The NAH does not currently consider TSH and T4 testing to be reliable markers of thyroid tissue levels, as previously believed.
While the NAH concedes that there is no “perfect” thyroid test, testing free triiodothyronine, reverse triiodothyronine, and triiodothyronine/reverse-triiodothyronine ratios may provide more accuracy when checking for low tissue levels of active thyroid hormone.
Unfortunately, many of today's younger generation will not have the excellent test results that their forbearers had because they are not enjoying the same level of health as their grandparents did two generations ago. Because of today's American diet, our young people will likely never experience outstanding thyroid health — unless they are encouraged to change their eating habits to include principles and foods like those of the Body Ecology Diet.
If you are experiencing symptoms of a thyroid disorder, lifestyle changes can help bring the thyroid back into balance — regardless of your thyroid test results:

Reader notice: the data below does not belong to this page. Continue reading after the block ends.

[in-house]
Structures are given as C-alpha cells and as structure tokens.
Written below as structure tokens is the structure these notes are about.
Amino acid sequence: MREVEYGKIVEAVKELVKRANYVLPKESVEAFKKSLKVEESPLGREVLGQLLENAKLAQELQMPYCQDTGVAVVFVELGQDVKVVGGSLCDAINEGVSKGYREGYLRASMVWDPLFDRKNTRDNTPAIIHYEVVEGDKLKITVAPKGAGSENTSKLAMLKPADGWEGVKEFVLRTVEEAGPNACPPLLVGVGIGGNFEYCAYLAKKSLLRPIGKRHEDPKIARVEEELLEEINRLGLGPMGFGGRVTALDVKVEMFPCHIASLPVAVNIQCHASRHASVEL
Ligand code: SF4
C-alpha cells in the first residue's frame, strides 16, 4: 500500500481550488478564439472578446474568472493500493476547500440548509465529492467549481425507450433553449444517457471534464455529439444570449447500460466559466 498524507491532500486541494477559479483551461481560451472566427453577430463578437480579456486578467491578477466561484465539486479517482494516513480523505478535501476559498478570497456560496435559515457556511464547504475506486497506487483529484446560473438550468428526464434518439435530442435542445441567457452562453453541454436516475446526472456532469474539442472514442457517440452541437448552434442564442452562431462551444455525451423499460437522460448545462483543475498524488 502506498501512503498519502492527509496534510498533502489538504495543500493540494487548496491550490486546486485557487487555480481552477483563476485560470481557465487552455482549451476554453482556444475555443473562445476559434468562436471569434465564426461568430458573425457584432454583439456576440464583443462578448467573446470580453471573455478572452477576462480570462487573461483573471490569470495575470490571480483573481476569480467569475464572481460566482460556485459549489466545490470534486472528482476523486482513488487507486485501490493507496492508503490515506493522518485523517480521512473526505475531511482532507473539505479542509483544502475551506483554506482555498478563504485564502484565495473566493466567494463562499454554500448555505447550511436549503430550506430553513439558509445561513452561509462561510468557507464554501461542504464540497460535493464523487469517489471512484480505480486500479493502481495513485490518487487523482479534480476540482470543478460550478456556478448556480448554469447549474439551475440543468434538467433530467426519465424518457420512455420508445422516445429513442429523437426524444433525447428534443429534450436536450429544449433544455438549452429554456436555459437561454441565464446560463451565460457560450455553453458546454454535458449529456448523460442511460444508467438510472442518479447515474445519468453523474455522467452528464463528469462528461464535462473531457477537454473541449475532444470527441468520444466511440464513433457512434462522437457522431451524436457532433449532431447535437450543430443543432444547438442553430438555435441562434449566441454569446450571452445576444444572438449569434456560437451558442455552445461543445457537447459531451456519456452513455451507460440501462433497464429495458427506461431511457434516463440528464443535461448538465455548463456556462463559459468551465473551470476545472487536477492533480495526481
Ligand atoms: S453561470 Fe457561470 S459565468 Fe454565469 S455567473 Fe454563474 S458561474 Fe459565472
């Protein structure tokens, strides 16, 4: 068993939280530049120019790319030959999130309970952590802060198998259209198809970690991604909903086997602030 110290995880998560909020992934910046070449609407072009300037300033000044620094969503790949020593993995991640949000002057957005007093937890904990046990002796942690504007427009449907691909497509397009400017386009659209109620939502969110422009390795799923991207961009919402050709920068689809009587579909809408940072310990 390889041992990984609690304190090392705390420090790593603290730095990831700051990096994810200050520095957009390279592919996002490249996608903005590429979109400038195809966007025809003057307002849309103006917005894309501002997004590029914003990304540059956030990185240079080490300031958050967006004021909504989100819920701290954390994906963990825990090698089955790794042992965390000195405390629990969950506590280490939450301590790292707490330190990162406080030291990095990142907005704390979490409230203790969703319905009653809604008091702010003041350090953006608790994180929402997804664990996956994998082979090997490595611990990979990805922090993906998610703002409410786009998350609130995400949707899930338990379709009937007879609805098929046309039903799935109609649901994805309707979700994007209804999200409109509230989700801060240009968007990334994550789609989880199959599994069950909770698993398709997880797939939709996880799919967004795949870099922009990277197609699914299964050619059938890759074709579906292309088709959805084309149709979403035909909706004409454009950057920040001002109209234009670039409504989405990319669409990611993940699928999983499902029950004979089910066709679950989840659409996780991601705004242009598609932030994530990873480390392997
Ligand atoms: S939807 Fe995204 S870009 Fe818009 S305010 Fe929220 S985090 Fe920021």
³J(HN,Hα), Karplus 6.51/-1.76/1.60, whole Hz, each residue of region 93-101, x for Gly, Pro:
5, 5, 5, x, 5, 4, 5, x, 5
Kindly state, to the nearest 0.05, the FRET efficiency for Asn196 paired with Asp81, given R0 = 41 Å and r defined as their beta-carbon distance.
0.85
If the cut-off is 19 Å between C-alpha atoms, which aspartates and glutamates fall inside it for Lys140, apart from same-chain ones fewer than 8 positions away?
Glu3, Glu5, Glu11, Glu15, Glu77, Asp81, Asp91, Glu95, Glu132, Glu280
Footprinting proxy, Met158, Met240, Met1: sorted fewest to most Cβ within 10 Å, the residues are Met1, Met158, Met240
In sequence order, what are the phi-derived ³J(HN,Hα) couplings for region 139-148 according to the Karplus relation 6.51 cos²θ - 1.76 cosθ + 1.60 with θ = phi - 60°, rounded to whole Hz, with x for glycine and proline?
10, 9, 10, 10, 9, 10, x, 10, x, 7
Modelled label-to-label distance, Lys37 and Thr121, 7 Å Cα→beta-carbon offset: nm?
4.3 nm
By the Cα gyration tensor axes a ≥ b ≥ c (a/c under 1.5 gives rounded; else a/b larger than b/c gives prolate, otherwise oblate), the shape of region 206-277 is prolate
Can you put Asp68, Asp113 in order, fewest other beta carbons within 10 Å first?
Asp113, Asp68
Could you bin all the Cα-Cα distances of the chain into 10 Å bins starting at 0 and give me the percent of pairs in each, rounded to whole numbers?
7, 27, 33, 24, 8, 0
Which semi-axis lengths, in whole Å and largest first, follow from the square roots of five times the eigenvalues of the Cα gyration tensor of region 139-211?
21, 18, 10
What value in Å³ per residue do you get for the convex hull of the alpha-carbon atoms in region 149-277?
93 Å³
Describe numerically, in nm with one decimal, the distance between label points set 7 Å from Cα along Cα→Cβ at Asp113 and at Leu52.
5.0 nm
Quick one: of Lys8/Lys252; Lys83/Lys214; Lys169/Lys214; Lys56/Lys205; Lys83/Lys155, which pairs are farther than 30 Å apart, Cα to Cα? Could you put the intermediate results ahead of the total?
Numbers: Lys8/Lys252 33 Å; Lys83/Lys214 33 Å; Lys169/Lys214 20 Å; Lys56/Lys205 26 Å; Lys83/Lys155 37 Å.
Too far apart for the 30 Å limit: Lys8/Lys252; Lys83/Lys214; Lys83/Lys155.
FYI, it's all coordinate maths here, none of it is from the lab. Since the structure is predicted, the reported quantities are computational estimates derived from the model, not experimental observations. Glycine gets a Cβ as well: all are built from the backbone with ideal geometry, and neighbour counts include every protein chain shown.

When your thyroid test results don’t accurately reflect what you are experiencing in your body, all hope isn’t lost. We now know that thyroid reference ranges may be different for everyone. Even with “normal” test results, you may still need to look further if your symptoms continue. For many of us, repairing the gut is the missing piece that can bring thyroid health back on track.
Sadly, most medical thyroid tests do not reflect the fact that every person’s thyroid hormone levels are unique. Thyroid test results may also be inaccurate since they are not able to compare peak thyroid hormone levels from your youth. Overlooking a thyroid disorder with supposedly “normal” test results can be dangerous. In some cases, another illness may be diagnosed and treated instead of the underlying thyroid condition that is at the root of your health problems.
Even with “normal” thyroid test results, you can correct plaguing symptoms and restore your thyroid to optimum health:
Though there is no one-size-fits-all solution to a thyroid disorder — since we are all so unique — sometimes, correcting a lifelong thyroid imbalance can be as simple as supporting your body and healing your gut.